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U.S. Muslim organizations against full body scanners

Add the Council on American-Islamic Relations (CAIR), the well-known civil liberties and advocacy organization, and the Fiqh Council of North America (FCNA), a Muslim scholars organization, to groups opposing the introduction of so-called full-body scanners at U.S. airports.


The deployment of the scanners gained considerable impetus in the wake of the Underwear Bomber incident, but the devices still remain controversial in some quarters. For example, the American Civil Liberties Union opposes their introduction on privacy grounds. And various academicians and scientists have suggested that, at least statistically, they might pose radiation-related health risks.


In addition, a report by the Government Accountability Office (GAO) expressed reservations about the scanners’ effectiveness against just such hidden explosives as the PETN carried by the Underwear Bomber.
Now, CAIR, associating itself with an earlier statement by FCNA, says the scanners “violate religious and privacy rights.”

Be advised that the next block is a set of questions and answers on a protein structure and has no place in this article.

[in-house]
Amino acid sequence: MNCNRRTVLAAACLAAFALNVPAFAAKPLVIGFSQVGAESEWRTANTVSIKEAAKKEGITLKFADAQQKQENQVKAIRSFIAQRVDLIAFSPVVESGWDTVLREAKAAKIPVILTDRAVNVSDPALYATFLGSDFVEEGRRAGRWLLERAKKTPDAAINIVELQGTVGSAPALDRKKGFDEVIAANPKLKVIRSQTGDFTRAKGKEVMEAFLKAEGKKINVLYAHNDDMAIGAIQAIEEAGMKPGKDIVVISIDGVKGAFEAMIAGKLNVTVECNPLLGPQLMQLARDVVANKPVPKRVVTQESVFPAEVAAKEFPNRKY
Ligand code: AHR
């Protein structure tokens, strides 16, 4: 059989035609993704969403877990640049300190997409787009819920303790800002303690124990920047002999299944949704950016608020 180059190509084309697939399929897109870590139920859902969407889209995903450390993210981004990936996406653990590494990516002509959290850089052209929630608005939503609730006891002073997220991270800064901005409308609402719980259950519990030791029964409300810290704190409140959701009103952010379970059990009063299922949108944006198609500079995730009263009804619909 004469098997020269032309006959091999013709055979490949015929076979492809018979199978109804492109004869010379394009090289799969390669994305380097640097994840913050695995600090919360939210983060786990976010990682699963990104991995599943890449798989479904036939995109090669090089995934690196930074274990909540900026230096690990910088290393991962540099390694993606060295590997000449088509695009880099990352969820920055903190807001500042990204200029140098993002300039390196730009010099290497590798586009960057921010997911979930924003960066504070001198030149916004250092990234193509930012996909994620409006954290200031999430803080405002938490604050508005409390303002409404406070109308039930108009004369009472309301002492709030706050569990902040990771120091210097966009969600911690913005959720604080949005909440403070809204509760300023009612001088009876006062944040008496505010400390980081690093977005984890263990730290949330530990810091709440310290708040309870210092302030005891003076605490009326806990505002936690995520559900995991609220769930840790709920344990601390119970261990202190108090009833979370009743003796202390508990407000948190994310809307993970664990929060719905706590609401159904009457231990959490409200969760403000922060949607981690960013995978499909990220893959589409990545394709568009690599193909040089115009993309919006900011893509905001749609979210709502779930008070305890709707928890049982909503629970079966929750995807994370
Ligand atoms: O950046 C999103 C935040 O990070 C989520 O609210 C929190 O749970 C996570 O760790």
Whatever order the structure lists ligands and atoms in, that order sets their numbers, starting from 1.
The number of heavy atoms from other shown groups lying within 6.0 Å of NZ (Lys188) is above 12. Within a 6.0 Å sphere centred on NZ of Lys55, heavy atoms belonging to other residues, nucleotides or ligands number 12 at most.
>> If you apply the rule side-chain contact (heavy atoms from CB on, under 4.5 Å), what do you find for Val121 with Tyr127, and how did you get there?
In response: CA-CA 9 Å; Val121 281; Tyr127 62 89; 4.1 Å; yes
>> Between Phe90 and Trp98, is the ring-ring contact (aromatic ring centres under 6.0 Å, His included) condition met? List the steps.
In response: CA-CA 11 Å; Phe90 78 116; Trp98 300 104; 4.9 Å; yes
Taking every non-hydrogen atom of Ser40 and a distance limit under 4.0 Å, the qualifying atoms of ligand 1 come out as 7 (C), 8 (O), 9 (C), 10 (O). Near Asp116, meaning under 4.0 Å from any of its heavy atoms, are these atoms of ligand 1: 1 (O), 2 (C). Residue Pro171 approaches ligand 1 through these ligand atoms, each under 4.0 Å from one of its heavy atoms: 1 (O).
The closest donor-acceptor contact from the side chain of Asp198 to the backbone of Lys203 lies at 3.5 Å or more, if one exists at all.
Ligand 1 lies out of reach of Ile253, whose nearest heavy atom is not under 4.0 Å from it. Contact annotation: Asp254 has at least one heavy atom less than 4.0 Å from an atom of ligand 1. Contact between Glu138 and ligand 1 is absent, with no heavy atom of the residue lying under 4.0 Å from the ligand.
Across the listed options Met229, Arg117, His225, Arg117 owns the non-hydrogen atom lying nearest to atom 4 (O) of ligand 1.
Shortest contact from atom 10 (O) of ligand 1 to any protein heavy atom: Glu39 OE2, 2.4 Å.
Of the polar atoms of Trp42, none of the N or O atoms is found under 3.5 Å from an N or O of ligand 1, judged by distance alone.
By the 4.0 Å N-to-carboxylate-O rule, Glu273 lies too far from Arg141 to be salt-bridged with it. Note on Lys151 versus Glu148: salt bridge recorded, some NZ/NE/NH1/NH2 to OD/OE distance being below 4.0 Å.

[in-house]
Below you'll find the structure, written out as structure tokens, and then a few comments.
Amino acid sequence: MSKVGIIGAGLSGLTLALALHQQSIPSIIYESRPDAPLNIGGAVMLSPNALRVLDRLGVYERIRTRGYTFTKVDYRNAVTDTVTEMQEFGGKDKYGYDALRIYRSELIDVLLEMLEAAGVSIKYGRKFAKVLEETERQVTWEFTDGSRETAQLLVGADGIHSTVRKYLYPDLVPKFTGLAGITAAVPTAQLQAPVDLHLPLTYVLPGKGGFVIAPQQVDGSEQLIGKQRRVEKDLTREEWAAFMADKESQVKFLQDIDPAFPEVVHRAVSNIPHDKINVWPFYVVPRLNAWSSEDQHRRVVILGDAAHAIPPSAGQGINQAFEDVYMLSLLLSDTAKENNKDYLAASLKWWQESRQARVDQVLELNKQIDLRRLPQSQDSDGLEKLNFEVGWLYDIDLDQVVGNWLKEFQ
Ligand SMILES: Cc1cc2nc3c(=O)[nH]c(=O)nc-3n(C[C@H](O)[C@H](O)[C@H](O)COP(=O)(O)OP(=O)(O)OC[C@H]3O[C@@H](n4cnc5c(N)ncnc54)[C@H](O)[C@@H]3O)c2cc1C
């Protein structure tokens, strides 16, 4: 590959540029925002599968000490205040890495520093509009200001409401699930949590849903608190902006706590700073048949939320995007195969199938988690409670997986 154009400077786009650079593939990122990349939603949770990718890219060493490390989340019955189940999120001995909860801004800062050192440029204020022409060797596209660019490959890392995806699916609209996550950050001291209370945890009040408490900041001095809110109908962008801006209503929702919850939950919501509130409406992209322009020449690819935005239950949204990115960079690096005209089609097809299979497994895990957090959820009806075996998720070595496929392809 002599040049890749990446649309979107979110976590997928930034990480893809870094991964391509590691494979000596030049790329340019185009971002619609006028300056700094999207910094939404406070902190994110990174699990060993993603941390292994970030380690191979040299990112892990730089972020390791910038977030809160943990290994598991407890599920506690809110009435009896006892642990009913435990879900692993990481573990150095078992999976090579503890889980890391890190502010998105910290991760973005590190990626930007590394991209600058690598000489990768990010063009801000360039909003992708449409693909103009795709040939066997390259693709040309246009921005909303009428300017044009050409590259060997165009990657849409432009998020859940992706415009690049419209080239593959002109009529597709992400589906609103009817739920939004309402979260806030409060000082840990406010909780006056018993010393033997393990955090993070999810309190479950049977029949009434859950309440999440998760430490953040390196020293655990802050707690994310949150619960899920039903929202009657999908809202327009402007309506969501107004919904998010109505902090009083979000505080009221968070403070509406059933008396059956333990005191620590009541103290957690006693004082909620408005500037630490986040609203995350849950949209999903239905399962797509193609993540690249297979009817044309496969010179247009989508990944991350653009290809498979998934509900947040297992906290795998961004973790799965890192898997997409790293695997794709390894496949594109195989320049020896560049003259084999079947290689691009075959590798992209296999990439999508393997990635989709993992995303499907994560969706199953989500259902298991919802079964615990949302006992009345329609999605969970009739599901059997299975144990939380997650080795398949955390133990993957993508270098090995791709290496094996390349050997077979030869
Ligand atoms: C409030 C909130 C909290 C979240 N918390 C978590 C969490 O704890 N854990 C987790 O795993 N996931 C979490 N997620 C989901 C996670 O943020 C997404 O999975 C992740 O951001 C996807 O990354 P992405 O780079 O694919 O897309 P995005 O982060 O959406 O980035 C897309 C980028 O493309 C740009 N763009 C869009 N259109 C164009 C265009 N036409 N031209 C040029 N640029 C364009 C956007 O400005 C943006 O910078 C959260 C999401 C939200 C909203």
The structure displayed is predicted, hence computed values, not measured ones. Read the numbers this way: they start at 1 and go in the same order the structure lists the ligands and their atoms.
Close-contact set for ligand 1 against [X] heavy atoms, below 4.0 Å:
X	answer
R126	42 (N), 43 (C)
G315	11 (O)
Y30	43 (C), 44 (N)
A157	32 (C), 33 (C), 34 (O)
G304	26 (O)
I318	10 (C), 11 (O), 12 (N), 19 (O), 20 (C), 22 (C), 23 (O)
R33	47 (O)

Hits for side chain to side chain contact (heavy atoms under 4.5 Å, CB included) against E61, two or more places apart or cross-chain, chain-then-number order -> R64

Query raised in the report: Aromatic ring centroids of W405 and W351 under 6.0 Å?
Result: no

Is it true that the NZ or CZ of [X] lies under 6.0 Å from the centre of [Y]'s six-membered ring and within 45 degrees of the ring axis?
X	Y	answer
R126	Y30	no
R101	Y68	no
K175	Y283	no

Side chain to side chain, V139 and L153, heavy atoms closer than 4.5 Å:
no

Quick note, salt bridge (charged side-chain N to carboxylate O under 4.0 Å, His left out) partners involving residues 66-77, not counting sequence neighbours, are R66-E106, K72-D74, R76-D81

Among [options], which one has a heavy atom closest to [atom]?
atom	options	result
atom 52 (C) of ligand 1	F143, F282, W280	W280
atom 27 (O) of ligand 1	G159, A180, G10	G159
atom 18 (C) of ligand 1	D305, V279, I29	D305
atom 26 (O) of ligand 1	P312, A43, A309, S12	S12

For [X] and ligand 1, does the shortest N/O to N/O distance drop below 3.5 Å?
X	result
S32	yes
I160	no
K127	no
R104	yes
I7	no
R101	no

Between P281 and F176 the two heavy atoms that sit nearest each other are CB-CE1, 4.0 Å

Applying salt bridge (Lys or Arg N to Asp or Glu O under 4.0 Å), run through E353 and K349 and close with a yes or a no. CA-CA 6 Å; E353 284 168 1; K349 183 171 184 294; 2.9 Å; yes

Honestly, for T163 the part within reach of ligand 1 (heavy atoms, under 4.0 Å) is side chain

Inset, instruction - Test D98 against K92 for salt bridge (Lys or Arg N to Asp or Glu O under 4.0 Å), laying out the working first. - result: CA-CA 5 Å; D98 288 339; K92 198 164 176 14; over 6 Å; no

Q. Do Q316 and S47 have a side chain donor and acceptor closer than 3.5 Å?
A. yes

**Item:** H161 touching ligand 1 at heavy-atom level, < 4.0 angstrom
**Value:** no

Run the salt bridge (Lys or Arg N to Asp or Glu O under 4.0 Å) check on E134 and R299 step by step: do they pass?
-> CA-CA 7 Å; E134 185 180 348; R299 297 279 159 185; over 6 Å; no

The FCNA had called for scanner software to be “altered to produce only an outline of the body and urged Muslim travelers to avail themselves of alternative pat-down searches.”


"We support the Fiqh Council's statement on full-body scanners and believe that the religious and privacy rights of passengers can be respected while maintaining safety and security," said CAIR National Executive Director Nihad Awad.


In its statement, FCNA also says use of such scanners is “against the teachings of Islam, natural law and all religions and cultures that stand for decency and modesty,” adding that it is a “violation of clear Islamic teachings that men or women be seen naked by other men and women.”


The FCNA statement is regarded as a fatwa, which is a word that, despite its current unfavorable connotation in many quarters of the West, can be defined simply as a “legal opinion or ruling issued by an Islamic scholar,” according to several online dictionaries.


Scanners “do not produce photos,” TSA told the Detroit News, according to an article about the original FCNA fatwa. Scanner images simply “look like chalk outlines,” TSA told the News.

 

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